German General Weitzel and His African Canadians at Petersburg

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Black troops in the trenches at Petersburg in 1864.

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Godfrey Weitzel was born in the Rhineland-Palatinate in southwestern Germany on November 1, 1835. He was brought to the United States as a small child by his parents. Throughout his long military career most of his army colleagues believed he was the American-born child of German immigrants. He fostered this belief, perhaps because his formative years coincided with the rise of the fiercely anti-immigrant Know Nothings. But, in reality, he was born in Germany and he was raised in the assertively German neighborhood of Cincinnati called “Over-the-Rhine.”1

At the age of only 15, Godfrey Weitzel was appointed to the Military Academy at West Point. The teen excelled there and was named a Captain of Cadets. As one of the leaders of his class, Weitzel was invited to the home of the Academy’s Superintendent Robert E. Lee, whom he would later fight against in the Civil War. When he graduated at the age of 19, Weitzel was second in his class in grades and first in conduct.2

Weitzel was a highly prized engineer and he soon was working with P.G.T. Beuaregard improving the defenses of New Orleans. Although he did not accent his immigrant roots with his colleagues, he travelled from New Orleans back to Over-the-Rhine to find a wife. Young Godfrey married the teenaged German girl Louisa Moor. Unfortunately their marriage was ended when her dress caught fire while she was preparing their first Thanksgiving dinner together and she died.3

rhineAlthough Weitzel was not quick to emphasize his German birthplace, he returned twice to the Cincinnati German community of Over-the-Rhine to seek a wife.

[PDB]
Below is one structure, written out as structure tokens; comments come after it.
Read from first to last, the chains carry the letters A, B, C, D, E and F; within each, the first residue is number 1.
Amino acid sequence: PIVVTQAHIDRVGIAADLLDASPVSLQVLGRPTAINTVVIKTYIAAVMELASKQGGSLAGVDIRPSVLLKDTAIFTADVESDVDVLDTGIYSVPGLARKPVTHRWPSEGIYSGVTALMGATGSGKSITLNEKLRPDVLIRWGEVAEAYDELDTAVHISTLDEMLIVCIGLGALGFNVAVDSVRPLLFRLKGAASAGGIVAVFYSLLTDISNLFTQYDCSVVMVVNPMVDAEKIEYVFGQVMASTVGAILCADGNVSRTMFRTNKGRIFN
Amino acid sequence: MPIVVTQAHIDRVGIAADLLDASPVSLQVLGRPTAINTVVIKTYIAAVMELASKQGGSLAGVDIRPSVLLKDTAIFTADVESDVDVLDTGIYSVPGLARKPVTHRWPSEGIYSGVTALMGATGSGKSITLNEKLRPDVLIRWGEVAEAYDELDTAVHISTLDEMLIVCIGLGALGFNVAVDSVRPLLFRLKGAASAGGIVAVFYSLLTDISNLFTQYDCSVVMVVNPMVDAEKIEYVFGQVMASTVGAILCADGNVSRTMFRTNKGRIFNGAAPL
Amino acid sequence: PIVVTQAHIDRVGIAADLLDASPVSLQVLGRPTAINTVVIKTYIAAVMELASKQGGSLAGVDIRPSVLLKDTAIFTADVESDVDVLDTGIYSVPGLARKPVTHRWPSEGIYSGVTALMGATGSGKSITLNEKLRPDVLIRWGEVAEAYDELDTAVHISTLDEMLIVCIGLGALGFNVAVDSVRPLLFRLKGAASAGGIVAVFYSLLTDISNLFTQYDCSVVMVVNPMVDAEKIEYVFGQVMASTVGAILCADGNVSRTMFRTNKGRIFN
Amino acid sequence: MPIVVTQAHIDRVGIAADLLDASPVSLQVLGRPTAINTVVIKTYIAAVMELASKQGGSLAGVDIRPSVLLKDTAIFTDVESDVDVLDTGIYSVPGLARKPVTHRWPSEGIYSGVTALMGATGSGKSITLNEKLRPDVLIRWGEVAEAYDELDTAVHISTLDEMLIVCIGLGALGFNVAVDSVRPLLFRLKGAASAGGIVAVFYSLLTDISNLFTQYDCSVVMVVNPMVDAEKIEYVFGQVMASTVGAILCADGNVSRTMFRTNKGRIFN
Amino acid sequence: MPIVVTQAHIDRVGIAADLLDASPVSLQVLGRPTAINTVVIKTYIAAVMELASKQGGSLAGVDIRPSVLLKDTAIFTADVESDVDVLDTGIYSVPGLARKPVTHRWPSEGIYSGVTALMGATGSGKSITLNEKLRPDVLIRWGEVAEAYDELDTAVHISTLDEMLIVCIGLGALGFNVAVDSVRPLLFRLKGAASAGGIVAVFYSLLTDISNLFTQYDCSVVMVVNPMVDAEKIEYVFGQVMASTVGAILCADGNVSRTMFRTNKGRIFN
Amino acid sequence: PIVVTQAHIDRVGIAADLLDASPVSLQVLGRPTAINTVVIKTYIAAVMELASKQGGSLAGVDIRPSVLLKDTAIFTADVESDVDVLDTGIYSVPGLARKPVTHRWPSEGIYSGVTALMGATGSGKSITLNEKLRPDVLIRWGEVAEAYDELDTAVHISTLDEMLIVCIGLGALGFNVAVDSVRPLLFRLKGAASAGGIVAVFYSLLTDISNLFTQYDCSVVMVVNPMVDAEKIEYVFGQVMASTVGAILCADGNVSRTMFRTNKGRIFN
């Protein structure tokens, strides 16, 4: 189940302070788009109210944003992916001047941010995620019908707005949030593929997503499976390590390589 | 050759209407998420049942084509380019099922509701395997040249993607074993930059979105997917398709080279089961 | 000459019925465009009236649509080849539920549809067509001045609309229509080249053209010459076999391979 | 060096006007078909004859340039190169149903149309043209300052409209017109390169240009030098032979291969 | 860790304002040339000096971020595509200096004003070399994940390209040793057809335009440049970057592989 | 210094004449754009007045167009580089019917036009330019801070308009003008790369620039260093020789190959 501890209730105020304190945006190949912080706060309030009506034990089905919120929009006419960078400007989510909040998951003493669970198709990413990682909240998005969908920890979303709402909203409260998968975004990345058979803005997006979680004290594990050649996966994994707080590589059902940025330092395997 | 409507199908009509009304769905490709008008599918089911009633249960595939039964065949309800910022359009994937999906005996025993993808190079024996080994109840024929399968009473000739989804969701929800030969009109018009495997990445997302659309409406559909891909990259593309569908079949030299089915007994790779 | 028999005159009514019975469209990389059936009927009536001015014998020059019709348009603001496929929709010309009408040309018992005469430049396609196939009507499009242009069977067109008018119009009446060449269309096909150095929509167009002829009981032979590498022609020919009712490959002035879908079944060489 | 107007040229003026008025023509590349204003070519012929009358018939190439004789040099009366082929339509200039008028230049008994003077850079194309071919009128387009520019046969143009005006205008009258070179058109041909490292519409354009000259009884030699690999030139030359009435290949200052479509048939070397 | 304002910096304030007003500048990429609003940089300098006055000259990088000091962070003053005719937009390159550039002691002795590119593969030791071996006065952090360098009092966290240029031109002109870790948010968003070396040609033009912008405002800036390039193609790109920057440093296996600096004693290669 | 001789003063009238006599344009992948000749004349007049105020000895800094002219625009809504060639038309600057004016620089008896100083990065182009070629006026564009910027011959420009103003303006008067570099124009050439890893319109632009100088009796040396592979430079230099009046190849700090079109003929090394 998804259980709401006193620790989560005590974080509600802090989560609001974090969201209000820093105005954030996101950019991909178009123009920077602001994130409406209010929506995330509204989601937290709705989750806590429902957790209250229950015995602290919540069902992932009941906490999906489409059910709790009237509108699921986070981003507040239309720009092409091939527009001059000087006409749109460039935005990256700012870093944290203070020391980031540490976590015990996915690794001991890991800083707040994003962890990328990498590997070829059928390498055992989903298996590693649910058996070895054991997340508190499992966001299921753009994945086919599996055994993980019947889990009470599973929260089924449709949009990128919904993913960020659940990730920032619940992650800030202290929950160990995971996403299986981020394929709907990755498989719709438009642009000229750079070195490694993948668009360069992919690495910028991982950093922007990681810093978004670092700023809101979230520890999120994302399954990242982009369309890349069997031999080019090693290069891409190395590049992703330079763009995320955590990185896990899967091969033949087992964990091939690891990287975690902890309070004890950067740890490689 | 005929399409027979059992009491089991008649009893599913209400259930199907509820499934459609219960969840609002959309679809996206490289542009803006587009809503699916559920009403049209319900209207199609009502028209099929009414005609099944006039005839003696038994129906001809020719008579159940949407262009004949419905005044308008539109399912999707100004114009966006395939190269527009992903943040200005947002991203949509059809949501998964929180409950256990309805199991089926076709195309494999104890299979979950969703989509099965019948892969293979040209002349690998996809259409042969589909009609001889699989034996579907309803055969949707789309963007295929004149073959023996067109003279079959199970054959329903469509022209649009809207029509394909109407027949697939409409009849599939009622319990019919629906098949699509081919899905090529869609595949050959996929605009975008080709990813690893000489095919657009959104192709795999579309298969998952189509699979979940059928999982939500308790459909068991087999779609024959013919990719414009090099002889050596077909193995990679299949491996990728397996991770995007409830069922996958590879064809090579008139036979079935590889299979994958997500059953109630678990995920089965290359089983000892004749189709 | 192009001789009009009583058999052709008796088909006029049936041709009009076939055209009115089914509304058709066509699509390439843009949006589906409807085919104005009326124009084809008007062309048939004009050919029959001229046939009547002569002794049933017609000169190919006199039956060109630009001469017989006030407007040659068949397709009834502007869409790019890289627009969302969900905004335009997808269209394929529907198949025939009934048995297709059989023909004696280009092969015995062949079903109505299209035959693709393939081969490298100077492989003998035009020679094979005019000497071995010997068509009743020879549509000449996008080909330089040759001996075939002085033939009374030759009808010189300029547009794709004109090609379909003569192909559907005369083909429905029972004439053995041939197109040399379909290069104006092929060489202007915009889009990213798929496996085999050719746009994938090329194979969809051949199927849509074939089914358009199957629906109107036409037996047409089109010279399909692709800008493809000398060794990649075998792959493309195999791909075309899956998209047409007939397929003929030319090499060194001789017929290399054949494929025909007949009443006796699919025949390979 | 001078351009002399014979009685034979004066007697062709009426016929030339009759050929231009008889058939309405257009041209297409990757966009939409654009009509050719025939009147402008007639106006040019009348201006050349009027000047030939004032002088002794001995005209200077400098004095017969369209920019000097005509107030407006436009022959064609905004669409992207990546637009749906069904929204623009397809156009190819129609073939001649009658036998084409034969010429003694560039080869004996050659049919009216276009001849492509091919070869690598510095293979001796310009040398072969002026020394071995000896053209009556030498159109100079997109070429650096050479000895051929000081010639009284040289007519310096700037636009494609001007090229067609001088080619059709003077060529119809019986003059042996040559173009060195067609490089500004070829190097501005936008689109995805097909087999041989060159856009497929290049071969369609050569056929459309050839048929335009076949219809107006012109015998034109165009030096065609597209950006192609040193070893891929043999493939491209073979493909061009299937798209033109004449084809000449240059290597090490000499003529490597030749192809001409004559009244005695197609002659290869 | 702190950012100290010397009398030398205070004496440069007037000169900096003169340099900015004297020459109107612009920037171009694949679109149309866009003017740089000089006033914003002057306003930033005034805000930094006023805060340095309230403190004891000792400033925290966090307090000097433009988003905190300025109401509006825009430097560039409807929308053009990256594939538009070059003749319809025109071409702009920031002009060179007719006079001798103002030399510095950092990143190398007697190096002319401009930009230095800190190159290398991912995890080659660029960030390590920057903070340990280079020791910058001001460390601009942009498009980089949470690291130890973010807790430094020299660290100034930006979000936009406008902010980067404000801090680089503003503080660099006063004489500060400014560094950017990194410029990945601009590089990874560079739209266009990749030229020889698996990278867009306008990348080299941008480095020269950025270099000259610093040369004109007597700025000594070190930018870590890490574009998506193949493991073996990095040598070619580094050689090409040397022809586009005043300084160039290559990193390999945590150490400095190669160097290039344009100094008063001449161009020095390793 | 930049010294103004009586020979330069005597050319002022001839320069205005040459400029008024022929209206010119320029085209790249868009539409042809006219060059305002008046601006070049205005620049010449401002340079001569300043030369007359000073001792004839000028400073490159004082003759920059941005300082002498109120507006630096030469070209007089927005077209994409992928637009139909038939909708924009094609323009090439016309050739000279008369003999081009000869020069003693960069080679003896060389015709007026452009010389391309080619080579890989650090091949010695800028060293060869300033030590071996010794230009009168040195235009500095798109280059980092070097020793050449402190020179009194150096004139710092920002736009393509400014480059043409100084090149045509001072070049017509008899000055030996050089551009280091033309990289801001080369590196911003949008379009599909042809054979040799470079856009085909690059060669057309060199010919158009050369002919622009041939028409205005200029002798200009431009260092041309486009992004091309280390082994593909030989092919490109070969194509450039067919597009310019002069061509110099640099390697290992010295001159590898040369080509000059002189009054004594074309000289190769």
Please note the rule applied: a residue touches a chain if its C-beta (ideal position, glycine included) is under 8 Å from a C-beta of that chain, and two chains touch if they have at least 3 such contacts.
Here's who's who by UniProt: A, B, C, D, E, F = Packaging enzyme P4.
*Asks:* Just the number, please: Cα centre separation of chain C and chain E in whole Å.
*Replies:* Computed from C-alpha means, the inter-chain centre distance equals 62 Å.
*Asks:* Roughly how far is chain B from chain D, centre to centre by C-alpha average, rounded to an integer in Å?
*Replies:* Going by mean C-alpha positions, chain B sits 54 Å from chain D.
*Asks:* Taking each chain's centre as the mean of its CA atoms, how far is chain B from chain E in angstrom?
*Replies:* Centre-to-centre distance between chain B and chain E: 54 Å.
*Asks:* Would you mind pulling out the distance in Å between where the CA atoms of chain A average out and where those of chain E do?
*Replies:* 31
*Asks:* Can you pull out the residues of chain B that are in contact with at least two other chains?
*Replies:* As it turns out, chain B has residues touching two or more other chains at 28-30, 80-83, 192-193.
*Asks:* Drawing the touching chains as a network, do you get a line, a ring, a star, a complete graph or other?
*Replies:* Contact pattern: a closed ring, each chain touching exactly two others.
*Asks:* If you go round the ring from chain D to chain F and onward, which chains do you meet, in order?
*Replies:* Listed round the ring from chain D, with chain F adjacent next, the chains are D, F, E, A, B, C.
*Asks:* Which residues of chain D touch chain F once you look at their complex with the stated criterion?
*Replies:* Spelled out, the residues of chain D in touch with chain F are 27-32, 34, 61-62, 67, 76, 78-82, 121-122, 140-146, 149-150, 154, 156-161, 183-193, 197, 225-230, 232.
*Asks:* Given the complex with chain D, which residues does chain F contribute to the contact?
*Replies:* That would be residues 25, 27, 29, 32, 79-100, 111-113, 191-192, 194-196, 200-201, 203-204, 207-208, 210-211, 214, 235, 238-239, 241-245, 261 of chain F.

In the two years before the Civil War, Weitzel taught engineering as a West Point professor. After his appointment to his seemingly safe position, Weitzel went back to Over-the Rhine to find and marry his second wife. He was teaching at the Academy when Abraham Lincoln was elected president and while Southern states began to secede from the Union.4

weitzelGodfrey Weitzel was a respected young engineer at the start of the war. Whether he could command men in battle was unknown.

When Lincoln went to Washington for his inauguration, Weitzel was part of a contingent from West Point sent to the capital to serve as presidential bodyguards. When war erupted a month later, Weitzel returned to Cincinnati to help fortify the city and to recruit German immigrants to the Union cause. 5

The following year, when Union General Ben Butler organized an expedition to capture New Orleans, he brought Weitzel along because he thought that the German’s intimate knowledge of the forts guarding the city might come in handy. Weitzel’s contribution to the capture of the Confederacy’s largest metropolis was so great that Butler later wrote that “few men contributed more” to the capture “than he.” Butler rewarded him by making him the military mayor of the city.6

fort-jacksonWeitzel’s knowledge of the forts protecting New Orleans was invaluable to the Union capture of the city.

In August, 1862, at the age of 26, Weitzel was promoted to Brigadier General in the Union Army at Butler’s behest. He was given his own infantry brigade, which was soon augmented when Weitzel was given temporary command of two black regiments of the Louisiana Native Guard.7

The youngest Union general’s military success as a brigadier further impressed Butler, who offered to expand Weitzel’s command. Weitzel shocked his mentor by refusing a larger force because he did not want to command black troops. Butler challenged Weitzel’s prejudice that “colored men would not fight.” Butler pointed out to the young general that black troops had shown great discipline since their regiments had been organized. Weitzel still refused. “My surprise may not be imagined,” Butler wrote, at Weitzel’s bigoted response to his offer.8